Richard 'King Dick' Seddon

In 1866, towards the height of summer with those glorious long evenings and the gold rush in full swing, a young man of only 20 summers disembarked onto the Hokitika wharf, his ambition to make enough money in order to bring his young fiancée over from Australia and make a new life for them both in New Zealand. By 1870 he had married, set up at least one business, and had started a family, all in the new settlement of Stafford which was in the centre of the Waimea goldfield.

And then came the Kumara Gold Rush. 

 'The Chosen One of Kumara' - caricatures of Richard Seddon were common. 

'The Chosen One of Kumara' - caricatures of Richard Seddon were common. 

 

 

Seddon led the way in in the town of Kumara, and with his organisational ability, soon had the town laid out, reserves established, and he was elected the first mayor of the new borough. 

In 1879 he became a member of Parliament. It was a long journey to Wellington, by stagecoach, railway and steamer, and he made the trip regularly until the family moved lock, stock, barrel and even Fanny the pony and all the bantams to Wellington in 1895 (he had premier for 2 years by then). He was elected Premier (Prime Minister) of New Zealand in 1893 and served in this role for 13 years until his death, aged 60 years, in 1906. To this day, Richard Seddon is New Zealand's longest serving Premier. 

Seddon developed a robust prime ministerial style and became known as ‘King Dick’ for his strong, populist leadership. He maintained tight control over his Cabinet, personally took charge of a large number of portfolios, including that of colonial treasurer from 1896, and thought that heads of Government departments should simply follow his instructions. He maintained a high public profile by touring the country regularly, addressing meetings, hearing deputations, and opening public works. He was also Minister of Native (Māori) Affairs until 1899 and made frequent visits to Māori tribes. Seddon was particularly noted for his promotion of the Old-age Pensions Act 1898 – the forerunner of New Zealand’s State-funded welfare system. He remained extremely popular and the Liberal Party (in which he served) won five elections under his leadership.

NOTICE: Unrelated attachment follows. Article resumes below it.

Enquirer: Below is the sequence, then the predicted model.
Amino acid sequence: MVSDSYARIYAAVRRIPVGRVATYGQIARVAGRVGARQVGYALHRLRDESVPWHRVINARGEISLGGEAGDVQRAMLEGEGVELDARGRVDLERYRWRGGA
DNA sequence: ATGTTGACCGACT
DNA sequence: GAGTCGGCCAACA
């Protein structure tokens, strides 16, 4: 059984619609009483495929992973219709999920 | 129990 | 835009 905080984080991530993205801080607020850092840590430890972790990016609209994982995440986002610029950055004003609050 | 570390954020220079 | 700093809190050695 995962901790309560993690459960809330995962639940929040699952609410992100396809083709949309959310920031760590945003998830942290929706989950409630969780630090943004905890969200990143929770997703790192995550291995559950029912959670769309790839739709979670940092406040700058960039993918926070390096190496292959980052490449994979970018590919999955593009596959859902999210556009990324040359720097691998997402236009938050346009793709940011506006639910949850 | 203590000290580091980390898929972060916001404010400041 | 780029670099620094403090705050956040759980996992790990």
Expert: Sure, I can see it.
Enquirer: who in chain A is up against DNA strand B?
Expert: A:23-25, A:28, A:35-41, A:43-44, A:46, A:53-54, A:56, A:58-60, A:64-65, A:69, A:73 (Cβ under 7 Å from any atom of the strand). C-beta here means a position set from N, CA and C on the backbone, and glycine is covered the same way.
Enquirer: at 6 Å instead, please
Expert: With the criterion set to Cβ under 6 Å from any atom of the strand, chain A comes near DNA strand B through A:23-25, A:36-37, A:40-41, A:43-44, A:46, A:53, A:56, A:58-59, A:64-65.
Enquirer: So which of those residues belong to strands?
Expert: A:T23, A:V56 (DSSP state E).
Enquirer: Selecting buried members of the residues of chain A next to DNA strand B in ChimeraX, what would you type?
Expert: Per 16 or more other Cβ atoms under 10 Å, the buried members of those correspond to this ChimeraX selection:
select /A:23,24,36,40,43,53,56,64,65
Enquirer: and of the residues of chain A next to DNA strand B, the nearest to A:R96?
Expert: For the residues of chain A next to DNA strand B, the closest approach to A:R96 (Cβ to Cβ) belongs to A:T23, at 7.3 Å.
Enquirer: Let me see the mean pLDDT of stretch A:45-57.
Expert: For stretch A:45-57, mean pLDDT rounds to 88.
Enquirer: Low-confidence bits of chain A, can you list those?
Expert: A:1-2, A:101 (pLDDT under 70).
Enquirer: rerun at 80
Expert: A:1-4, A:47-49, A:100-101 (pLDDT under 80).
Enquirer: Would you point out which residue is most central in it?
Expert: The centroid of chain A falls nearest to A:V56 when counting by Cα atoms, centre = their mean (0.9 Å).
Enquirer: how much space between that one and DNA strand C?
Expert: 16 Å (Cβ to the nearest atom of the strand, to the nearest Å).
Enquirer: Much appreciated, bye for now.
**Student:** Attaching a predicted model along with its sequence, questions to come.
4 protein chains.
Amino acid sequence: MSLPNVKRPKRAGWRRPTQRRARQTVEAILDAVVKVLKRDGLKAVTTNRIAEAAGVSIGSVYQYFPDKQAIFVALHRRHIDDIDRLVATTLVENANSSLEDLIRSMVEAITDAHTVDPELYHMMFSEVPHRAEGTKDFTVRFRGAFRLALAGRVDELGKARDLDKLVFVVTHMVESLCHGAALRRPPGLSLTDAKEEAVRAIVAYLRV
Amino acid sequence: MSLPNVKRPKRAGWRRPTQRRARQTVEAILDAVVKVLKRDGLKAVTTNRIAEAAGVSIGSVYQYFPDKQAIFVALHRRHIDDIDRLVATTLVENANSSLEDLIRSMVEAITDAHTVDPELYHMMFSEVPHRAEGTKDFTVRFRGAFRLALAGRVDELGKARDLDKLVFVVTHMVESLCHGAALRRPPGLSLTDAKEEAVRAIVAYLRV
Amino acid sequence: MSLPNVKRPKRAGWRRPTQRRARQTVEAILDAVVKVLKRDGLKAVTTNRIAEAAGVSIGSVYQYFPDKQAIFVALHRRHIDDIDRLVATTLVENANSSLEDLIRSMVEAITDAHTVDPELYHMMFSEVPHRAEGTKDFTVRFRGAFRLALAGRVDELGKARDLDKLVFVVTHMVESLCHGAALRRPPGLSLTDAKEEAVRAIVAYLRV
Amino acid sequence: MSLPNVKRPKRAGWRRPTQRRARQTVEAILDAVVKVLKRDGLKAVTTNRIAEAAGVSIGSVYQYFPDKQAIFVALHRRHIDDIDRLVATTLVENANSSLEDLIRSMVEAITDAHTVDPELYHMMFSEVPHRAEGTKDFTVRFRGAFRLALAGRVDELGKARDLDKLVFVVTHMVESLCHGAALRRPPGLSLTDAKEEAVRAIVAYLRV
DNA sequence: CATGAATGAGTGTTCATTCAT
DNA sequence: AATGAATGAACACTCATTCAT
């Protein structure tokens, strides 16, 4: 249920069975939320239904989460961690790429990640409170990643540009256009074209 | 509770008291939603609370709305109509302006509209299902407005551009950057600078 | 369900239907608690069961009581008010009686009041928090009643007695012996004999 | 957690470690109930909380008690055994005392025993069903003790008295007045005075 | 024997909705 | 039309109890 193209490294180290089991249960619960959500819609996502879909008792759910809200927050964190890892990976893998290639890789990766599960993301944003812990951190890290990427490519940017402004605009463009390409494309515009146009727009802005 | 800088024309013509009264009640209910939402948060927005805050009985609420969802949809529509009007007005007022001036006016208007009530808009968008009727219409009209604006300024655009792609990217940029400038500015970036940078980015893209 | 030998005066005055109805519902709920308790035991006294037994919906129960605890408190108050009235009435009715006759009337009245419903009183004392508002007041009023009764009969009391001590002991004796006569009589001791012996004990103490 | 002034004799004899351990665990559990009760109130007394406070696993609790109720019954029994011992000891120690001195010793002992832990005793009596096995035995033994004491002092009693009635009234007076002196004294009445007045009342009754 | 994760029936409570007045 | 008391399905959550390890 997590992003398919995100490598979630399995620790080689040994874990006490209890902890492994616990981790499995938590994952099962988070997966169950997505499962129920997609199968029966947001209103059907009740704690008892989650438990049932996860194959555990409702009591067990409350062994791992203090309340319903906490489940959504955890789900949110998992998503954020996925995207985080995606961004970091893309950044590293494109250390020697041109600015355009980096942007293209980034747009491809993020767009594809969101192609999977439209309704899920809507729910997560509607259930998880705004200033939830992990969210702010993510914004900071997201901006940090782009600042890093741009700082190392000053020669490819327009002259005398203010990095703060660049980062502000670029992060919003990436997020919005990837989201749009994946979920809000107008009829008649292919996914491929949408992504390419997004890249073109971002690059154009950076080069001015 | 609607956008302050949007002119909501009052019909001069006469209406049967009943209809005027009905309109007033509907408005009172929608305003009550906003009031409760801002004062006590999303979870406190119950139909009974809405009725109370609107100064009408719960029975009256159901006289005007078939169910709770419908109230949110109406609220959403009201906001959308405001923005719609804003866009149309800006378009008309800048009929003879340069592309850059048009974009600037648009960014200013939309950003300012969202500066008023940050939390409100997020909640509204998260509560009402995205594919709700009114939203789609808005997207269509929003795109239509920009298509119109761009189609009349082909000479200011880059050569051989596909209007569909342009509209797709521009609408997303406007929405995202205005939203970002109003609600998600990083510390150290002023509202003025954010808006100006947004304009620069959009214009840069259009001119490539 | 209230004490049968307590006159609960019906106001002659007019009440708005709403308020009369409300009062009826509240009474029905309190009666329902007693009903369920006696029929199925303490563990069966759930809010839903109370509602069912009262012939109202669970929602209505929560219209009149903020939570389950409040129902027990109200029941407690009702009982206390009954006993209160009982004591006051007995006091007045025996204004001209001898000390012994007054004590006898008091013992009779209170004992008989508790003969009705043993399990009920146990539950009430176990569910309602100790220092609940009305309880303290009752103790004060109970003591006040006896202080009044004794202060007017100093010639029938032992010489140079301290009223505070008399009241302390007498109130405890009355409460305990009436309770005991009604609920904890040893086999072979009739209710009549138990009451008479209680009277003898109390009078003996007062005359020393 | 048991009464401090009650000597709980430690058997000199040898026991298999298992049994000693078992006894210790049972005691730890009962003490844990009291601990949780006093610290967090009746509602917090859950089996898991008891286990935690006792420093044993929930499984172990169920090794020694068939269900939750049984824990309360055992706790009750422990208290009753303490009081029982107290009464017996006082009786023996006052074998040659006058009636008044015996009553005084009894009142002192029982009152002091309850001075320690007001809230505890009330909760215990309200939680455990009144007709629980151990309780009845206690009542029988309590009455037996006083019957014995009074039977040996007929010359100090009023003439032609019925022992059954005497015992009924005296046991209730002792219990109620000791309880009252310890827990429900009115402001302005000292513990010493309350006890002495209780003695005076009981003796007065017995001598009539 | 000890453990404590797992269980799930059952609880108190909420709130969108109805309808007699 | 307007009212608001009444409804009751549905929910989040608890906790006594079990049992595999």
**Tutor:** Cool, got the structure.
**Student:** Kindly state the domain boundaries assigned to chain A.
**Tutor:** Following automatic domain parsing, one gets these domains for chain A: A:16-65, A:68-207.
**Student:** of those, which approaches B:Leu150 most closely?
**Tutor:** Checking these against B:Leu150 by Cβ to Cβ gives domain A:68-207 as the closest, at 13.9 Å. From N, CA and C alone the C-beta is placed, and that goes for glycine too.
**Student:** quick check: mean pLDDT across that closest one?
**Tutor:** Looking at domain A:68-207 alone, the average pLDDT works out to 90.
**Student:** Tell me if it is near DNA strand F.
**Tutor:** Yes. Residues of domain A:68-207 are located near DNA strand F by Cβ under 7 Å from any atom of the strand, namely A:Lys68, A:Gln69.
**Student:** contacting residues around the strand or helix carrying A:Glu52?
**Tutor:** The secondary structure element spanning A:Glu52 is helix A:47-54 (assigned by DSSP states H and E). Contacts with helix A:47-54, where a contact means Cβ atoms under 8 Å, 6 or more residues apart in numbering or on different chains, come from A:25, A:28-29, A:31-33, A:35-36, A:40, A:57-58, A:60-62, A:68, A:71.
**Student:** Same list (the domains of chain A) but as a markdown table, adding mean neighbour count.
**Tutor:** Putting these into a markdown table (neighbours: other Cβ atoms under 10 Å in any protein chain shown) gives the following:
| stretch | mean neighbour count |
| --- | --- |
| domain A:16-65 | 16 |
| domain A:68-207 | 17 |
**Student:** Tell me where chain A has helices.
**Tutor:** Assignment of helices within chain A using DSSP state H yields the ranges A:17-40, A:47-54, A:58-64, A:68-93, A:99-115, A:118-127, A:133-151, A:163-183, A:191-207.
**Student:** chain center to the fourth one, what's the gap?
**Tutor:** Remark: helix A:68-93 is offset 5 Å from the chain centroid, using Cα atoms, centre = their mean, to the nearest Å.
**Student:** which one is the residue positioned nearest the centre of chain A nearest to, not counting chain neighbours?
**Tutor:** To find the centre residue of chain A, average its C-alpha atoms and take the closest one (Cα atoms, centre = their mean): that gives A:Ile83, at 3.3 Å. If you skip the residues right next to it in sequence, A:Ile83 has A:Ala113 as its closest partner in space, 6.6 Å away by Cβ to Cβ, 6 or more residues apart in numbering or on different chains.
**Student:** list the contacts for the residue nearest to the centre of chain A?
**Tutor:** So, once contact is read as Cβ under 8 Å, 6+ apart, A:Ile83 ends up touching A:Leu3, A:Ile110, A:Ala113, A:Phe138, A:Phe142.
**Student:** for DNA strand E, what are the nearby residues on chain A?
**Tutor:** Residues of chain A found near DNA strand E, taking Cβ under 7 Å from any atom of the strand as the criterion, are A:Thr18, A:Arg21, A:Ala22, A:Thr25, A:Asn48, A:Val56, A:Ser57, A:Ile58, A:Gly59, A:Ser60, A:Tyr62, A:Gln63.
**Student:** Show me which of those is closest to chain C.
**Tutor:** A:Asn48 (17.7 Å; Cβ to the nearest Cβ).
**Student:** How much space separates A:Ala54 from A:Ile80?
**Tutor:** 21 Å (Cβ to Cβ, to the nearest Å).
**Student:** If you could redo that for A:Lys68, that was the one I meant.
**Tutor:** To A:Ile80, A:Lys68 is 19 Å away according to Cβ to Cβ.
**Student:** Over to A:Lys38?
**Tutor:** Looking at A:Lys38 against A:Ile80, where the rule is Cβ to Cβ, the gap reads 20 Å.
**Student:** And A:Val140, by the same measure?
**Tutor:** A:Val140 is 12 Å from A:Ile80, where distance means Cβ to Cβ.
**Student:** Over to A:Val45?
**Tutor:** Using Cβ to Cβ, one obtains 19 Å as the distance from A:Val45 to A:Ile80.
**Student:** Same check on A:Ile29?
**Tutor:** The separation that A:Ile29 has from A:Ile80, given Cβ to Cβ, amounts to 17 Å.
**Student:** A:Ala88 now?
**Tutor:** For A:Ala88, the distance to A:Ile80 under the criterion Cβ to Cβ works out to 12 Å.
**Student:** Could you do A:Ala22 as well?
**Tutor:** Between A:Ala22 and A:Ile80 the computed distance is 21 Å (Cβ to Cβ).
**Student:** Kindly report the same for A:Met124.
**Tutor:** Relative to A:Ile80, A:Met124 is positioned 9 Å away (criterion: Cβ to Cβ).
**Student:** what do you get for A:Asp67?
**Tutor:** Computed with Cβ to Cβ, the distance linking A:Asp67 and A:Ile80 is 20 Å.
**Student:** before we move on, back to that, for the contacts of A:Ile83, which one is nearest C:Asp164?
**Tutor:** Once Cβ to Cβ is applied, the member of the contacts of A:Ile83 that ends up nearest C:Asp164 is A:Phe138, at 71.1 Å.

Site of Richard Seddon's home, Seddon Street, Kumara

Site of Richard Seddon's home, Seddon Street, Kumara

Richard John Seddon proudly represented the interest of West Coaster's (especially miners) for 28 years. His statesmanship was always guided and governed by a genuine love of humanity. He was a much loved and revered Kumara 'local' for 20 years. We hope that if King Dick were alive today, he would be proud of how Kumara has evolved and valiantly continues to thrive. 

You can visit the site of his old home in Kumara. Visit the Walks and Attractions section for more information. 

As descendants of Richard John Seddon and Louisa Jane it is very satisfying to see Kumara “come to life” and where the history of this beautiful little West Coast town is being celebrated in such a wonderful way, where not only the buildings are restored but also this website being constructed to embrace the full and rich history of Kumara. Congratulations to all involved and many R.J Seddon descendants look forward to the future development of Kumara.
— Jane Seddon, Great Grand Daughter
  From left: Phillippa Seddon, David Seddon, Jane Seddon and David Verrall (local Seddon enthusiast)   at the opening of   The Theatre Royal Hotel, Kumara Gala Day, November 2013.

From left: Phillippa Seddon, David Seddon, Jane Seddon and David Verrall (local Seddon enthusiast) at the opening of The Theatre Royal Hotel, Kumara Gala Day, November 2013.